Archive for August, 2012

Freeman hosts national career services workshop

Tuesday, August 21st, 2012

Career services directors from more than a dozen leading business schools converged on New Orleans in August to take part in a special workshop organized by the A. B. Freeman School of Business.

Career Services Roundtable

Career services directors from more than a dozen top business schools visited the Freeman School in August for the first Career Services Roundtable.

Freeman School Dean Ira Solomon and Associate Dean Peggy Babin conceived the Career Services Roundtable to enable career management professionals from top business schools to discuss issues and collaborate in an intimate workshop setting. While the MBA Career Services Council sponsors a number of conferences for career services personnel, those meetings tend to be large national events with little opportunity for one-on-one interaction and dialogue.

“From student services to technology to corporate outreach, we’re all dealing with the same issues,” said Babin, who oversees the Freeman School’s Career Management Center. “The roundtable was a chance for us to get together and share experiences and best practices in a casual, business-school-focused environment.”

“I had very high expectations for the roundtable,”  added Dean Solomon, “and those expectations were exceeded.”

The daylong workshop included sessions on how to build a high-performance career services center, ways to improve the stature and influence of career services within a business school, and strategies to better serve the growing population of international students. The roundtable also included an open session to allow participants to discuss topics not covered in the earlier sessions.

The Freeman School led the nation with a 98.1 percent employment rate for MBA graduates in 2011, but according to Leonard Williams, director of Freeman’s Career Management Center, there’s still room for improvement.

“Some of those in attendance were interested in learning what we did to achieve that level of employment, but I was just as interested in learning their processes and practices,” Williams says. “I think everyone came away from the workshop with new ideas and insights.”

Among the colleges and universities represented at the roundtable were Rice University, Ohio State University, Washington University in St. Louis, University of Washington, University of California San Diego, Emory University, University of North Carolina at Chapel Hill, Southern Methodist University, Dartmouth College, University of Michigan, University of Virginia and Yale University.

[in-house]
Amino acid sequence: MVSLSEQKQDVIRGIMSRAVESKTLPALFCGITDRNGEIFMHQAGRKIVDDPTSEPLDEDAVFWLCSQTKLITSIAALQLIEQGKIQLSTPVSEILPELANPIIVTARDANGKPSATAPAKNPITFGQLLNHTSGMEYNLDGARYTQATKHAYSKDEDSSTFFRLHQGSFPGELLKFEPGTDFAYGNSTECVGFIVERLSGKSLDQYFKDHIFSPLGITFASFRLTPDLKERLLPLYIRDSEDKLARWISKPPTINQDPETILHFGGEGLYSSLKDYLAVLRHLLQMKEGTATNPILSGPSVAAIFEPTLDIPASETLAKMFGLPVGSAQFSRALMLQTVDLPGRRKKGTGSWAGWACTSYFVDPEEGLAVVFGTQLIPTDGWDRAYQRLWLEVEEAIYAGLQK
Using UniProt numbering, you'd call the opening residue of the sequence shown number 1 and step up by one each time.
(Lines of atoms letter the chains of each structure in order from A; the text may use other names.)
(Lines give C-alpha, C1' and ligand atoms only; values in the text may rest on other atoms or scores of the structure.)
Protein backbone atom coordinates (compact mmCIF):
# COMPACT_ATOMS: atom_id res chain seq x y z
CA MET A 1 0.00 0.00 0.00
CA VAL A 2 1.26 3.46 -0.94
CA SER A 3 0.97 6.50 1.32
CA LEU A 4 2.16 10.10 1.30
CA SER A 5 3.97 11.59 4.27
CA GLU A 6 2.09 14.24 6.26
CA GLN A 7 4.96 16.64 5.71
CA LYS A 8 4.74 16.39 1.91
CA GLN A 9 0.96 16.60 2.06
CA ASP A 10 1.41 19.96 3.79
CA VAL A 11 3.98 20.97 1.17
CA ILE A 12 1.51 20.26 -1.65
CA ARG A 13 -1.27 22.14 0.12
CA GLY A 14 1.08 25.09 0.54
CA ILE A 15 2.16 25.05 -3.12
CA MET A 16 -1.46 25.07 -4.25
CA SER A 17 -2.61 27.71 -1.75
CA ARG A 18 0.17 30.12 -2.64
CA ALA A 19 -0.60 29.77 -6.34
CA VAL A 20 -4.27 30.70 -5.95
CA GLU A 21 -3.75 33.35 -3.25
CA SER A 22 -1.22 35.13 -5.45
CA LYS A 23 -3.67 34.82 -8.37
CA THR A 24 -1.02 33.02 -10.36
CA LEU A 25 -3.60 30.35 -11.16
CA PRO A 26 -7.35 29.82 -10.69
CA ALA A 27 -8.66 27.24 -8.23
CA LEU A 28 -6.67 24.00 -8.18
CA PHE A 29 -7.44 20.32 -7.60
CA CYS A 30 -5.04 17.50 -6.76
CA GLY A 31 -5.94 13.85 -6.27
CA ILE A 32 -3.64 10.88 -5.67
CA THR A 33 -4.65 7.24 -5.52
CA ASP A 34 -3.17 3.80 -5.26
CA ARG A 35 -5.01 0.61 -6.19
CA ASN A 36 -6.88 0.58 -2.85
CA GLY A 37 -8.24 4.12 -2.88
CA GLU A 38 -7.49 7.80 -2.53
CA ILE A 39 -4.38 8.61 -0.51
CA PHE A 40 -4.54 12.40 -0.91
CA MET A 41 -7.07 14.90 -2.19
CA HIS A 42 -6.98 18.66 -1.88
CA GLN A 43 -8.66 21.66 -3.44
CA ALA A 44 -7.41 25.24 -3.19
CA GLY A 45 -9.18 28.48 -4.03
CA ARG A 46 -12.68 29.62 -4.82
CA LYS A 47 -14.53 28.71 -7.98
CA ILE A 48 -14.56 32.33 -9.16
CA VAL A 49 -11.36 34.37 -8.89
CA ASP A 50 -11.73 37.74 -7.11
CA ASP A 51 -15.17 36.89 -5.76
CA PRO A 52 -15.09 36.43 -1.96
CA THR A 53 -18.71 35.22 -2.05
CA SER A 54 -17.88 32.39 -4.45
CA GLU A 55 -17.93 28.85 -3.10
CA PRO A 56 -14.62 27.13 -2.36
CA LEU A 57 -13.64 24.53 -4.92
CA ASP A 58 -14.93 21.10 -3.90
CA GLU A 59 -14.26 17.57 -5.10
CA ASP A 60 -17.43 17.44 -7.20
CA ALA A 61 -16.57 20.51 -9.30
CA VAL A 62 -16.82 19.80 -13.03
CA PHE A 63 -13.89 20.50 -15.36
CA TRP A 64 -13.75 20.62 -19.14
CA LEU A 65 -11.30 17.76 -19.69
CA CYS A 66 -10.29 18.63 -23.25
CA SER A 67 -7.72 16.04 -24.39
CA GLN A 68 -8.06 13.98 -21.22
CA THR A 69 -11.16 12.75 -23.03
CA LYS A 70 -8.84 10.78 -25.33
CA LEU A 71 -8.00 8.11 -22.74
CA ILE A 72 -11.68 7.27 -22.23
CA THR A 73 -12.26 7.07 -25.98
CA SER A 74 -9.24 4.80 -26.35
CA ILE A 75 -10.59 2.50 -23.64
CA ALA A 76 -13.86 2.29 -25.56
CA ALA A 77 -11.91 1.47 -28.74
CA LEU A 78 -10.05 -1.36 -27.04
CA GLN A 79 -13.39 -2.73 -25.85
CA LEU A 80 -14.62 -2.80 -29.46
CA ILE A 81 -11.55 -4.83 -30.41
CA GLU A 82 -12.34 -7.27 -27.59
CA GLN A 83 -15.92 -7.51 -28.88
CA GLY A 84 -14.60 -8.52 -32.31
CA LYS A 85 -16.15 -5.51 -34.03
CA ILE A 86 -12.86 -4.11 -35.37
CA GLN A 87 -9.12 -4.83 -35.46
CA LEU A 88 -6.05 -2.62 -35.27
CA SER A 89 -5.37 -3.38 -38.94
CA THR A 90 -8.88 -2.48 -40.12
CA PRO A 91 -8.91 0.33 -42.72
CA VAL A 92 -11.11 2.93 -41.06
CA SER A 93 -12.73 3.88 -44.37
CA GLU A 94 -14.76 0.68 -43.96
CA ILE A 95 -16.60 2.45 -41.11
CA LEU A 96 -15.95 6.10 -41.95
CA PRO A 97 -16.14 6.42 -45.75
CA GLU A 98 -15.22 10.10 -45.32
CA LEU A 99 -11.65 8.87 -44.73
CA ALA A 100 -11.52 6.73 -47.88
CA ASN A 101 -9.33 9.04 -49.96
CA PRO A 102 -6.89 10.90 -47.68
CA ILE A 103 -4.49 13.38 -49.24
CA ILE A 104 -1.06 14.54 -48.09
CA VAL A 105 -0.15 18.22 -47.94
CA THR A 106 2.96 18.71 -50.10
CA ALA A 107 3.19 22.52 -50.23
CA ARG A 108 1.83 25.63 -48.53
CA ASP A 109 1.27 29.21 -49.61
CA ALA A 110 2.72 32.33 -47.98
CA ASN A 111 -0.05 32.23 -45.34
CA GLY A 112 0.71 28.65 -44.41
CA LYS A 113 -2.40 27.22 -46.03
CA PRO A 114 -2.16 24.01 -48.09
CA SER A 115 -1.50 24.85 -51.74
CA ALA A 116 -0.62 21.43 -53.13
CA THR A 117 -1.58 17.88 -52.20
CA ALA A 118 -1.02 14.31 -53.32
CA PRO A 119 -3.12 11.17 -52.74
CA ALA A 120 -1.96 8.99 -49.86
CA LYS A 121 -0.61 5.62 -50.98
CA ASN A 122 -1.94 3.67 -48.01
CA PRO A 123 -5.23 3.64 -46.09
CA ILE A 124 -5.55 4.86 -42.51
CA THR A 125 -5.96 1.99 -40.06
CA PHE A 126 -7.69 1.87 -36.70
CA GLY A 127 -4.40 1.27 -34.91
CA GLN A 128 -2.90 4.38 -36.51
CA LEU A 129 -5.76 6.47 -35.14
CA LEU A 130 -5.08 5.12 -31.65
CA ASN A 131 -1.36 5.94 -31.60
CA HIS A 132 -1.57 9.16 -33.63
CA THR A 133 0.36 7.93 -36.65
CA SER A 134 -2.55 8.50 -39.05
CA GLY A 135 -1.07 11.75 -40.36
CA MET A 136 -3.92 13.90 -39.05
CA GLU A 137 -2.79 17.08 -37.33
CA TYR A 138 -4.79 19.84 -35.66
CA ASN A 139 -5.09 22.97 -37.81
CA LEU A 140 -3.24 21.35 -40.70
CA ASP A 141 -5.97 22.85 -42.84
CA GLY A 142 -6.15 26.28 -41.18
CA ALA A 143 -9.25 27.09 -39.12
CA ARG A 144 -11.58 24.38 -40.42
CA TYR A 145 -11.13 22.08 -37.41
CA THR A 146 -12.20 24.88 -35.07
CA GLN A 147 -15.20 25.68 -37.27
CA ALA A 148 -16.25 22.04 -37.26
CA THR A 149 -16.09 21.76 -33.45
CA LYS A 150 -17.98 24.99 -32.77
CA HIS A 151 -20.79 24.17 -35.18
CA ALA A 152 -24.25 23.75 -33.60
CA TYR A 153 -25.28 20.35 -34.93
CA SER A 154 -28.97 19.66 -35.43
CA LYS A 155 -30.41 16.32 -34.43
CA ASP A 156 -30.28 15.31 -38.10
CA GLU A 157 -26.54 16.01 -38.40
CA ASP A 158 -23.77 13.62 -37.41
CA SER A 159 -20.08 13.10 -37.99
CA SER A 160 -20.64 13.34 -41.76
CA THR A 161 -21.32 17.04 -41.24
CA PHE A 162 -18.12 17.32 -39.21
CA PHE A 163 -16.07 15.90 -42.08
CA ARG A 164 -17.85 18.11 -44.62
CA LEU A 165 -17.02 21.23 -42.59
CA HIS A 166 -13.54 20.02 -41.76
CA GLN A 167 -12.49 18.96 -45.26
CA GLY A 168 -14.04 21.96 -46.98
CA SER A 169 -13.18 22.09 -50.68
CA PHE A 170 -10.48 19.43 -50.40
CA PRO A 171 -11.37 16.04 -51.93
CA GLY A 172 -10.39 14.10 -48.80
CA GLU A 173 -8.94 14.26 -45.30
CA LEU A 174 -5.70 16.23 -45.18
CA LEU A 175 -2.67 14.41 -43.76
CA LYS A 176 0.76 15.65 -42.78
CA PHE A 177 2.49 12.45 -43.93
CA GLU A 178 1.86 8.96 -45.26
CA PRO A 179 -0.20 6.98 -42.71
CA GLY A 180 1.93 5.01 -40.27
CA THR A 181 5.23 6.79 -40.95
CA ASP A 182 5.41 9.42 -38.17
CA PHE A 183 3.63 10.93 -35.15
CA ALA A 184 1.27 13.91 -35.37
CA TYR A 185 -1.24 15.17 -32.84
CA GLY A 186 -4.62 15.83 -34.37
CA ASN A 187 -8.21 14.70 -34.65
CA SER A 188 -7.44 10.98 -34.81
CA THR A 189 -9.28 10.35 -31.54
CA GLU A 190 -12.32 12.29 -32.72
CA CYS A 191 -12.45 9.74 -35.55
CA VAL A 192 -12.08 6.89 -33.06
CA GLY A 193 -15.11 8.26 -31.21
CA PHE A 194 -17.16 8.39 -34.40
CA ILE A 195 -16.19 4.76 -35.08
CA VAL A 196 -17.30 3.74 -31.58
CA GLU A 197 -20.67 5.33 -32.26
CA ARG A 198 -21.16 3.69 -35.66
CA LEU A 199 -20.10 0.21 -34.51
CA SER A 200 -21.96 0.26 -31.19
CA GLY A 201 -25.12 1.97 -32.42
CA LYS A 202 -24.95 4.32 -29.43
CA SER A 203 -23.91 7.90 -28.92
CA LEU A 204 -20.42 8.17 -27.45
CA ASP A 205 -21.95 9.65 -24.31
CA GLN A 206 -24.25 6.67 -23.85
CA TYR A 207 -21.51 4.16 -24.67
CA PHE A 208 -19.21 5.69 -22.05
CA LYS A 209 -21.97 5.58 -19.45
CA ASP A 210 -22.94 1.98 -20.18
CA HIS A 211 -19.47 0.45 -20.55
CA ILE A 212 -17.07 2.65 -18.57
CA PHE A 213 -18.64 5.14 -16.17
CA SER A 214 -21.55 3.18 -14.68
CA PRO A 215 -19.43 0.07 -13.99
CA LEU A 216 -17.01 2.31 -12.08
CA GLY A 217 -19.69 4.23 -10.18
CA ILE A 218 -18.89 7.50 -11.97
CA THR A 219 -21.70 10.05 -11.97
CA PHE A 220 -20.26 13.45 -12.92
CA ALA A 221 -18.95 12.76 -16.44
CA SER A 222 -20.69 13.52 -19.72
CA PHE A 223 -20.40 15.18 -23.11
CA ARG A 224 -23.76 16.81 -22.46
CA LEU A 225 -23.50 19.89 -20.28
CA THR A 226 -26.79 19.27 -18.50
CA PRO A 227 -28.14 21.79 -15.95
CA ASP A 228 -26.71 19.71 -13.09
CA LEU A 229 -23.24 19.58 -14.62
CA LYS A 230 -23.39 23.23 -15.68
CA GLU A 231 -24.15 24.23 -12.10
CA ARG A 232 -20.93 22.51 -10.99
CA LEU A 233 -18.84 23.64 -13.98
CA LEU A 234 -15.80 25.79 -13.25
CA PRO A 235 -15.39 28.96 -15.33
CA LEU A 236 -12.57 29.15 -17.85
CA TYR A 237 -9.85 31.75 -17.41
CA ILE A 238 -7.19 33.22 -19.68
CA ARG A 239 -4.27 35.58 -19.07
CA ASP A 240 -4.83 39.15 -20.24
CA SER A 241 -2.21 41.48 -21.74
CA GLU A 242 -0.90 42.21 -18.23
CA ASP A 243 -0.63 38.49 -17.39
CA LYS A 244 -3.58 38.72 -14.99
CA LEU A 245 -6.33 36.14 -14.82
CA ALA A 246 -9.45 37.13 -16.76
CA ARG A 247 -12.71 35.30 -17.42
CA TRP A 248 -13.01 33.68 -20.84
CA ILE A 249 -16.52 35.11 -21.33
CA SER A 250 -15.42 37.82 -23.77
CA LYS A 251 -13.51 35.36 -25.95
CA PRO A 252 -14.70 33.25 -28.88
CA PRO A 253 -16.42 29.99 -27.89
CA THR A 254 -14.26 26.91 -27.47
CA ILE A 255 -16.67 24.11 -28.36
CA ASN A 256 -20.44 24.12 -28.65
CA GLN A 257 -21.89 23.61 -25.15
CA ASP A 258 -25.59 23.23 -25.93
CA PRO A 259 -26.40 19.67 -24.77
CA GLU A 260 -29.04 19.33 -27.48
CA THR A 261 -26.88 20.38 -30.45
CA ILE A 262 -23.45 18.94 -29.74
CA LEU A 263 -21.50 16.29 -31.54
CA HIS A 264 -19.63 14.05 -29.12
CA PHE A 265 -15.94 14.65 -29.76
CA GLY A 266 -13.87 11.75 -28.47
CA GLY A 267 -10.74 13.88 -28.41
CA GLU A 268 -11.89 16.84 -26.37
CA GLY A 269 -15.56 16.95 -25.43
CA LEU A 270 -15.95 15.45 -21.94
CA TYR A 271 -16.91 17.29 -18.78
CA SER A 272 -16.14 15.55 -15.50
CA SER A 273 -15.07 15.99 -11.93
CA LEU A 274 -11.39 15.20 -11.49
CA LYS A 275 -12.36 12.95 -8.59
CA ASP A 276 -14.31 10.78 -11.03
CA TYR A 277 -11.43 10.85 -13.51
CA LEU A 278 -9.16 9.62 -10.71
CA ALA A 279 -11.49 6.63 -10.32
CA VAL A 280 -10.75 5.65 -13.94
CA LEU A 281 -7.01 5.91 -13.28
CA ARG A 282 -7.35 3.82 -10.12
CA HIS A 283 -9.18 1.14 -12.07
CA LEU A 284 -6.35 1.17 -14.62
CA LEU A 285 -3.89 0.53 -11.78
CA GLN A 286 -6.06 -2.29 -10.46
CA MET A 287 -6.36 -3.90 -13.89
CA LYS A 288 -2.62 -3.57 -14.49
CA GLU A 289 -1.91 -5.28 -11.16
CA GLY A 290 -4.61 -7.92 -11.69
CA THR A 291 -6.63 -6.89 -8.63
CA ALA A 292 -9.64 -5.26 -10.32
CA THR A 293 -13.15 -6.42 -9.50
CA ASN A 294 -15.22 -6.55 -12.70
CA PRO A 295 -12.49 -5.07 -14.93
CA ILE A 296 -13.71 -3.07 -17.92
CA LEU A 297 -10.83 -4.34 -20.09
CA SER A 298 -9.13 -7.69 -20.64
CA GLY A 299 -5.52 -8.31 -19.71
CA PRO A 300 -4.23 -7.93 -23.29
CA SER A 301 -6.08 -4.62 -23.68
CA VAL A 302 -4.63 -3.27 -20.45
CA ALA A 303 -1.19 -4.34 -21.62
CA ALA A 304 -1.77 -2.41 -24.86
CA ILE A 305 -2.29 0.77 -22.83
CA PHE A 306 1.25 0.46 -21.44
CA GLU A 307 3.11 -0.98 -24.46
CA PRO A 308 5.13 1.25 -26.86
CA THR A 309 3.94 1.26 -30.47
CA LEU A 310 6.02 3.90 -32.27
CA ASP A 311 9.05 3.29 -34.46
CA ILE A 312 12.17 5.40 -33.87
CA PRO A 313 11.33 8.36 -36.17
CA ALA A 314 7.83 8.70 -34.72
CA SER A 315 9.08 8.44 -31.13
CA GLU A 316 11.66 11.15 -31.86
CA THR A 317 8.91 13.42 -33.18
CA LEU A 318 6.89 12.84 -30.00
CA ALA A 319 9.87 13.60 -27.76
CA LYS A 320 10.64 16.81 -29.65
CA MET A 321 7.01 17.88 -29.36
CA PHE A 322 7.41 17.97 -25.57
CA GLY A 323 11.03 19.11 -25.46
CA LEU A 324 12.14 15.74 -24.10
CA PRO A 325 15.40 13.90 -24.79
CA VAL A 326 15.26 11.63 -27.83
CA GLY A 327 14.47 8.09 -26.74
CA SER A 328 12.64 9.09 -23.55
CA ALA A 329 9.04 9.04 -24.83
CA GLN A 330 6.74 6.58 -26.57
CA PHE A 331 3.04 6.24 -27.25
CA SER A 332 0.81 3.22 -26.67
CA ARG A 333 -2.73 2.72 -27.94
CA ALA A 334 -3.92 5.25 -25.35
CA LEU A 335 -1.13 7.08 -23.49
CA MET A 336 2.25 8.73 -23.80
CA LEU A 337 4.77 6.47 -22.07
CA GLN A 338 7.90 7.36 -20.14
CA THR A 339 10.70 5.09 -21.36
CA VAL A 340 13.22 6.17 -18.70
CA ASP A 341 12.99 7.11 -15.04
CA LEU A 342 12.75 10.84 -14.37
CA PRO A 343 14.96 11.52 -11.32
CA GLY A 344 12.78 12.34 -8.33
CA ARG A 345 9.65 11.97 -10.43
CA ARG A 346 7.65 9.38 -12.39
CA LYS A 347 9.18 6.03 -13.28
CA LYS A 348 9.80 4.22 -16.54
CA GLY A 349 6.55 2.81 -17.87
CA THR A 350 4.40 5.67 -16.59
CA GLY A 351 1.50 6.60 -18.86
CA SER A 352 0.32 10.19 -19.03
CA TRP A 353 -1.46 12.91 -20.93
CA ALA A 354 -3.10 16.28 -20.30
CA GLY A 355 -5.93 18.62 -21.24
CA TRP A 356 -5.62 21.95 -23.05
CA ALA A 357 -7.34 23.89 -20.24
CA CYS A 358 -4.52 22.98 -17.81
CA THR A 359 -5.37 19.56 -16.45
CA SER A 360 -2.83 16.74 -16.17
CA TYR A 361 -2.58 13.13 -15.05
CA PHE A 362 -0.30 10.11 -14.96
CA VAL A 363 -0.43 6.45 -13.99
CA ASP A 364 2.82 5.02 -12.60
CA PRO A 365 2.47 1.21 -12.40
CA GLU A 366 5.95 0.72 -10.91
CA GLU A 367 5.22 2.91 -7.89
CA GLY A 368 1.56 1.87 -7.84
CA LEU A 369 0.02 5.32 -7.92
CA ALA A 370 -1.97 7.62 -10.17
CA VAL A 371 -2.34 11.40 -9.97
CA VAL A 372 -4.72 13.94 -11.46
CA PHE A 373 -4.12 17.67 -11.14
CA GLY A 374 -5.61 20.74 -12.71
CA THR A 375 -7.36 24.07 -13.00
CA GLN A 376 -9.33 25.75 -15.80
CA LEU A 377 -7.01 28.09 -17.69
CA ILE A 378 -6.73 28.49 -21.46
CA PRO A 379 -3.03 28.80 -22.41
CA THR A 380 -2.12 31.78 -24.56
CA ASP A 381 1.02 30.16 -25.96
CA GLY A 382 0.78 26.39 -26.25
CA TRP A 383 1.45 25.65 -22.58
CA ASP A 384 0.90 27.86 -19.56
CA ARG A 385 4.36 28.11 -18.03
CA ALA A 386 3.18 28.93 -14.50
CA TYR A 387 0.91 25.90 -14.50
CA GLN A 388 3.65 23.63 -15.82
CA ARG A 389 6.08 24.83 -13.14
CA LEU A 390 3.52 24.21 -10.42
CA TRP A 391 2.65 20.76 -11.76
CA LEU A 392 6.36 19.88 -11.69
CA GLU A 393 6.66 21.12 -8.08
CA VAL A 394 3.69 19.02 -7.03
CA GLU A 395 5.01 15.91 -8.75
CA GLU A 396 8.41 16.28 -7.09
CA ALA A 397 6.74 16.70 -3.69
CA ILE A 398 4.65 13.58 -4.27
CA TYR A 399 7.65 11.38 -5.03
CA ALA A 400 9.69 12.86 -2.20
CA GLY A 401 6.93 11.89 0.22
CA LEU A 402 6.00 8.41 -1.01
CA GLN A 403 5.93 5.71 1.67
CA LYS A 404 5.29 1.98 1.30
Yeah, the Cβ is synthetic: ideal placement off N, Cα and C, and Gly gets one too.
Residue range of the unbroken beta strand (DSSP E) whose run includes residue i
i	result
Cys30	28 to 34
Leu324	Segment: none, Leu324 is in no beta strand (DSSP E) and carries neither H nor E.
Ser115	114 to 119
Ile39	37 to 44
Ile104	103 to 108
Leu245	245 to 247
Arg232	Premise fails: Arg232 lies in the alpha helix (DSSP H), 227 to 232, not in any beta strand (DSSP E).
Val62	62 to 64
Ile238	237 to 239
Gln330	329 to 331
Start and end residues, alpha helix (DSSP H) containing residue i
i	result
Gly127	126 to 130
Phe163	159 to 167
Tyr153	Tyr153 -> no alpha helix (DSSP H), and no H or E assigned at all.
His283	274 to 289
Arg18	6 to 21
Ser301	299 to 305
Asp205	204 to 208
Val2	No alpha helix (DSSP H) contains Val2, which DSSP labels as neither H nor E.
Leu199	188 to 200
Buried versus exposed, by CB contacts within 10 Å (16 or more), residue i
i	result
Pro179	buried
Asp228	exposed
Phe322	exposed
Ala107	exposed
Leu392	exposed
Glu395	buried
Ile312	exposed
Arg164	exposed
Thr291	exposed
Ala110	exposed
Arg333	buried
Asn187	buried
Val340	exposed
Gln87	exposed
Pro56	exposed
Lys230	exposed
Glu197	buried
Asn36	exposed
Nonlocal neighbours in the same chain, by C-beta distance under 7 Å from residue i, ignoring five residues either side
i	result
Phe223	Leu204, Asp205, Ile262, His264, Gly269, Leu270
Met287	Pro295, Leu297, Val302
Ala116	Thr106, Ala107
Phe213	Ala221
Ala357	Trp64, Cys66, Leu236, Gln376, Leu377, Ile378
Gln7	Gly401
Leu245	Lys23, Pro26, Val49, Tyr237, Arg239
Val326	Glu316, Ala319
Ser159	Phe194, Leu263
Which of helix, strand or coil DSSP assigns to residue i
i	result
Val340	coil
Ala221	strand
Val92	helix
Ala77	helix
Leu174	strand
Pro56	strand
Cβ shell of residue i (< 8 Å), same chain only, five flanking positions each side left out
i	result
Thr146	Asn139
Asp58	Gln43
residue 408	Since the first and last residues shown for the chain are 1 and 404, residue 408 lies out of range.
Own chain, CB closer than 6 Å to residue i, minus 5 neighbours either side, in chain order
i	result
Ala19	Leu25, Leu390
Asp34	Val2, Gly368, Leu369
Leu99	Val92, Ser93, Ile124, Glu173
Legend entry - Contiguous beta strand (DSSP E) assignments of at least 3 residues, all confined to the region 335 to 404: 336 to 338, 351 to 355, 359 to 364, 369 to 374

The event earned universal praise from participants, and Babin says she’s already talking with attendees about trying to make it an annual event with hosting duties rotating among the participating institutions.

“Connecting students with employment opportunities is an increasingly important job at most business schools, so developing new resources to improve that process is something we’re all interested in and excited about,” Babin said.

 

 


Freeman Professor Michael Hogg Featured in Bloomberg Businessweek

Monday, August 13th, 2012

The Freeman School’s Michael Hogg, a professor of practice who teaches undergraduate legal studies in business courses, is highlighted in Bloomberg Businessweek this week as part of its “Favorite Professors” series.

The Freeman School’s Michael Hogg is featured this week as one of Bloomberg Businessweek’s “Favorite Professors.”

Bloomberg Businessweek regularly profiles favorite undergraduate business professors from universities across the nation based on feedback collected in the magazine’s annual survey of senior business students.

Hogg, who also serves as associate dean for undergraduate programs at the Freeman School and vice president for student affairs at Tulane, earned praise in the survey for an unorthodox teaching style that employs some creative techniques to help students understand how the subject matter applies in the real world. That may mean field trips to trial court or Home Depot or test questions that incorporate student Facebook photos to create a relevant — and usually funny — story.

“Students often laugh during tests,” Hogg tells Bloomberg Businessweek. “That’s a little weird.”

To read the full profile, visit Businessweek.com.

 



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